I think I've mentioned approximately 758 times now that I bought a Nook Color when they first came out last year, and liked it so much that I immediately bought another one for Husband (so that he would stop hogging mine).
I do love my Nook Color, but I'll also frankly admit that after the shine wore off a little, my daily experience with the device wasn't all that I had hoped for. I don't feel like I'm an especially picky person, but the stock software that came on the device just wasn't well-suited for my style of reading, and I soon found myself reading more and more on my 4" android phone than on my 7" Nook Color. Clearly something was wrong with this picture.
I read up on rooting the device so that I could transform the Nook Color into a "proper" android tablet, with the idea that access to the Google android market would solve this problem. I eventually went with the wonderful autonooter rooting method, and everything was solved forever - I still had all the stock B&N software for accessing my Nook magazine and newspaper subscriptions, but I also had an android launcher (Zeam) configured to basically mirror my phone setup, but on my Nook Color. Awesome!
The only problem with this was that the autonooter procedure could be wiped with a B&N update such as the one that went out recently (to rather lackluster community response). And even with the Zeam launcher, the Nook Color still didn't feel like a real tablet device - the icons were very small and spread out across the screen, and the entire device behaved not unlike a small phone stretched to a larger screen. Then, too, there was the problem that rooting did technically void the warranty, which made Husband rather reluctant to try.
All in all, the autonooter method works and works well and I'm absolutely thrilled that clever and thoughtful people took the time to make it, film a helpful tutorial video, and disseminate it online. However, when friends on the MobileRead forums started recommending an alternative method for creating a full tablet experience - running the CM7 firmware from a removable micro-SD card - I knew I had to try it out.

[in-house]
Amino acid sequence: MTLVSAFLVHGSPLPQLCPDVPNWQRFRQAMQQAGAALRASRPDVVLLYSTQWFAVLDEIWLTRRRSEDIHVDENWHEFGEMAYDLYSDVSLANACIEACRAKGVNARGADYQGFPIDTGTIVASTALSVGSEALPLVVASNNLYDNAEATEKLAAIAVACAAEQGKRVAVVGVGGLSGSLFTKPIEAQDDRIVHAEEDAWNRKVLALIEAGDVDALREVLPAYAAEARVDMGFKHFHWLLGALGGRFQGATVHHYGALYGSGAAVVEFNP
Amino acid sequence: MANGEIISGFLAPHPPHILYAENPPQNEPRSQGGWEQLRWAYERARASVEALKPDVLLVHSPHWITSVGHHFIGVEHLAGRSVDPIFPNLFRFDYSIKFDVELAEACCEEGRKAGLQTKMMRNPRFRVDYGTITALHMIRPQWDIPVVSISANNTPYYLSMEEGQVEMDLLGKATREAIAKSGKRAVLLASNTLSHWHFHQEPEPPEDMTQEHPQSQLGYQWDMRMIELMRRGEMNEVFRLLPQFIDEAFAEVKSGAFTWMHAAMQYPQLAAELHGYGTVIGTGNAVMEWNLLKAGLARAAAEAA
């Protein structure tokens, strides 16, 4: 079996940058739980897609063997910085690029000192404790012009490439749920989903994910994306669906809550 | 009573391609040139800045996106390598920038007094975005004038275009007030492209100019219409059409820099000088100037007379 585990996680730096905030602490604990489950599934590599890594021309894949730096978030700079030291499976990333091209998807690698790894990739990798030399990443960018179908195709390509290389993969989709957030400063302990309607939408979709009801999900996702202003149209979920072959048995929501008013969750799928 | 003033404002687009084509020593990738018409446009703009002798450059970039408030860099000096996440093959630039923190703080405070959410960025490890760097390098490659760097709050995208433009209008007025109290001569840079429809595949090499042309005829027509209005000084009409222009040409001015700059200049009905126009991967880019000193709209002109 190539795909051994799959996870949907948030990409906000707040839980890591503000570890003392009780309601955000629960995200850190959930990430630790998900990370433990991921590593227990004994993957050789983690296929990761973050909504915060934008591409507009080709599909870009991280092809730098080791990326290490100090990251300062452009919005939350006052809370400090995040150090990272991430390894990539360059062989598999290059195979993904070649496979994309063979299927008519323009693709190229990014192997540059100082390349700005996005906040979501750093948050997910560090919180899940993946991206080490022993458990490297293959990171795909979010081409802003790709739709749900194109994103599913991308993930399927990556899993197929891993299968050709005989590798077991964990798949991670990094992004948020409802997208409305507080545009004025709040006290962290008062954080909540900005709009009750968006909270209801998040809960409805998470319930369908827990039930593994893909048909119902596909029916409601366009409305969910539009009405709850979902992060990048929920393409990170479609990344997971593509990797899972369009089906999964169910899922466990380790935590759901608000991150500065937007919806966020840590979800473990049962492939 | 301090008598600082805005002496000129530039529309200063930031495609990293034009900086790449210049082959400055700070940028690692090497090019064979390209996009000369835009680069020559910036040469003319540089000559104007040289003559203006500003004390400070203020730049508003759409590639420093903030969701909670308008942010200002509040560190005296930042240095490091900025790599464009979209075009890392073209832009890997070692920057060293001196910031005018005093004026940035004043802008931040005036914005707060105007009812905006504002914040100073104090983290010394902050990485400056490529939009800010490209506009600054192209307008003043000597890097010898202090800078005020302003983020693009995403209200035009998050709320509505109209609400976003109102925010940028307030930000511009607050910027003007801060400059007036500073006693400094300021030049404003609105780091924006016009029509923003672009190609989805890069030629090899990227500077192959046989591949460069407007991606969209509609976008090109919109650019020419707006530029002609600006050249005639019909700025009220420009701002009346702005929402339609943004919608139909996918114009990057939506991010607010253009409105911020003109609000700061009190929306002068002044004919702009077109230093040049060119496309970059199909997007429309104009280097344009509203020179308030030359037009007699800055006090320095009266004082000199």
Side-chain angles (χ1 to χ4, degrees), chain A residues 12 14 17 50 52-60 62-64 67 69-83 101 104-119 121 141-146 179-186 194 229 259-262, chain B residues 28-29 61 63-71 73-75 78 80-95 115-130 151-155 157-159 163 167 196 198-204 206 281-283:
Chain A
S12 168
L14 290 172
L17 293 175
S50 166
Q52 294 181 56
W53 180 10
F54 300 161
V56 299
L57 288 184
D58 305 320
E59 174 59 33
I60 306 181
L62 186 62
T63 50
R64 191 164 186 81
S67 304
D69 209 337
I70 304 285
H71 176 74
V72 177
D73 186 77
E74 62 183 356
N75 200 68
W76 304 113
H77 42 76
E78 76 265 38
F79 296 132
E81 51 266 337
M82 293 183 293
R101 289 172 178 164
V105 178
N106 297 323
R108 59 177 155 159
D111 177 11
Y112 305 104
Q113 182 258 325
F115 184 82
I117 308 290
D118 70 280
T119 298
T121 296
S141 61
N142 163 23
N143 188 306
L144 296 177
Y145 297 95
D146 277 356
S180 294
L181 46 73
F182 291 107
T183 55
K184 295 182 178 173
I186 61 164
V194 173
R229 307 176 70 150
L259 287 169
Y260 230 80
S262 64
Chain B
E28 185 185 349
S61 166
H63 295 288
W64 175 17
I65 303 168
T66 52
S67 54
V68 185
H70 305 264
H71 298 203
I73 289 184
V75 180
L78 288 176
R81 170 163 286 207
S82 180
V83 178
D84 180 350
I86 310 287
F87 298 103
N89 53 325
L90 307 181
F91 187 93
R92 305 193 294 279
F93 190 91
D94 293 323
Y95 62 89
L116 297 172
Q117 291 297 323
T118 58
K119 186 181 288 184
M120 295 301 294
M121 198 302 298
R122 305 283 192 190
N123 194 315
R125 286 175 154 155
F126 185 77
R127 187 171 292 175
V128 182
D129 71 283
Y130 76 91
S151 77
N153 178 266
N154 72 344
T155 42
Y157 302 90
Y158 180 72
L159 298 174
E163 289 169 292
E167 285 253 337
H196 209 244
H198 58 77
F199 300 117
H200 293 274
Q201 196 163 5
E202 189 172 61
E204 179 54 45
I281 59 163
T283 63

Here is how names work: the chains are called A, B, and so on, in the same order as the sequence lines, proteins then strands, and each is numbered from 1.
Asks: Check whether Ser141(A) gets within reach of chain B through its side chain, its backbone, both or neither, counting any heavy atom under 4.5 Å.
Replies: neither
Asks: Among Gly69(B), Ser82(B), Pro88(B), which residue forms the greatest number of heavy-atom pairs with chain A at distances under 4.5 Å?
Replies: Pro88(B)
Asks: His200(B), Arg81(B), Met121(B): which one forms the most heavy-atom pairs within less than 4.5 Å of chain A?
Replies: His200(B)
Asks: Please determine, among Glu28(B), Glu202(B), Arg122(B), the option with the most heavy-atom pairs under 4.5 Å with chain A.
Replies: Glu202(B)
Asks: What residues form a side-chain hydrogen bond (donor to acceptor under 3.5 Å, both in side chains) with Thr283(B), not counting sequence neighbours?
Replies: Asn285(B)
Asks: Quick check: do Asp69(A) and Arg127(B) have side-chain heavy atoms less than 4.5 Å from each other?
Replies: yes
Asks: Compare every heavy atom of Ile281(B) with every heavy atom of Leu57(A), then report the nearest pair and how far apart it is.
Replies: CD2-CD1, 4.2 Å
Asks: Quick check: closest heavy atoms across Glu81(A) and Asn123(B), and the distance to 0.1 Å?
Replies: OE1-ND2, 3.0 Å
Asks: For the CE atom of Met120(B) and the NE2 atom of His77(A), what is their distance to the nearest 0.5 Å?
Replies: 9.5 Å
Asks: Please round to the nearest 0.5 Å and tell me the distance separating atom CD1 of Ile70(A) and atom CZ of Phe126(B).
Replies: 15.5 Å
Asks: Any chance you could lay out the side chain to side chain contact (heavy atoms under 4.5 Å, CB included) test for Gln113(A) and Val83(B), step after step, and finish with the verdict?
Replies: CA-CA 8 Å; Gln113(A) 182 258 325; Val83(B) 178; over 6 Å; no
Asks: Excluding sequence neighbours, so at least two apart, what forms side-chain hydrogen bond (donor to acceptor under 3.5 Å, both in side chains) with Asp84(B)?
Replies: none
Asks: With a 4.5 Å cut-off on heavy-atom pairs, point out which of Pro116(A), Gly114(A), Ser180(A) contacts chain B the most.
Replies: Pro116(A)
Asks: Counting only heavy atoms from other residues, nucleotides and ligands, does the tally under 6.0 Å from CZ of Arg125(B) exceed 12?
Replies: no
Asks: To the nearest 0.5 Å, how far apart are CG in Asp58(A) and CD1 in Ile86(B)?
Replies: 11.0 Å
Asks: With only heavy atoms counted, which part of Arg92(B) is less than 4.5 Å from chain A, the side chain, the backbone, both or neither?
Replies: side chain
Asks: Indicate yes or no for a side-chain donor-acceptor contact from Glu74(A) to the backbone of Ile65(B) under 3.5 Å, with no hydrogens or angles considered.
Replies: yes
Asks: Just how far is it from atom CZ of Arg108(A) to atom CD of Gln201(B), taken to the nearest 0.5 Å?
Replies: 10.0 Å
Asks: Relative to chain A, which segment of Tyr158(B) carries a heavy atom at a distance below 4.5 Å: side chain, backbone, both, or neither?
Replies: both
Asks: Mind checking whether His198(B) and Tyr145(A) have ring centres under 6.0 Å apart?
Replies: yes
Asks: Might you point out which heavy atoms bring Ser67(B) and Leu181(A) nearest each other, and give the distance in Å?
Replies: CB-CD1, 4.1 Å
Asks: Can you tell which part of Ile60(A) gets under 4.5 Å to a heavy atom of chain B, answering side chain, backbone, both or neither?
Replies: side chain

The benefits to the CM7-from-SD-card experience are many and varied. The entire procedure takes less than 30 minutes to setup. Once setup, your Nook Color can run either the B&N stock software OR the CM7 tablet firmware at any time - the only trigger is whether or not the magical SD card has been inserted prior to powering up the device. The Nook Color doesn't have to be rooted, and everything involving CM7 and your new android tablet environment is confined entirely to the SD card, so you (apparently) aren't voiding your warranty or risking damage to your device. Best of all, the tablet experience provided here really is a full-fledged tablet environment - the icons are properly sized and the screen space available for your shortcuts and widgets is absolutely amazing.
Now, I want to stress that I have nothing to do with CM7 or the Cyanogen team whatsoever - I didn't even know they existed before last week. And I take no responsibility for anything you do to your device, etc., etc. boiler-plate legal disclaimer. But having said *that*, I wanted to put together a video of how to install CM7 on an SD card for use with your Nook Color, because frankly I find written instructions to be harder to follow than visual ones. (Although this eventually became five videos because Adobe Premier wouldn't let me easily stream my "live-camera" movies with my "computer-screenshot-movies" without scrunching the computer stuff to a totally unreadable format.)
Ready? Let's get started.
Here is a list of all the things you will need:
- A Nook Color. (Duh.)
- A micro SD card. There's no mandatory size / format / manufacturer for this process, but supposedly quality does matter on these things and I have no idea how you tell the "good" ones from the "bad" ones without buying them first. I use this micro SD card - I own three of these now, all from this listing on Amazon, and two of them are running CM7 for Nook Colors as I type. (You'll also need a way to connect your micro SD card to your computer - something like this should work.)
- An image-writing program like WinImage. I used WinImage85 in my tutorial.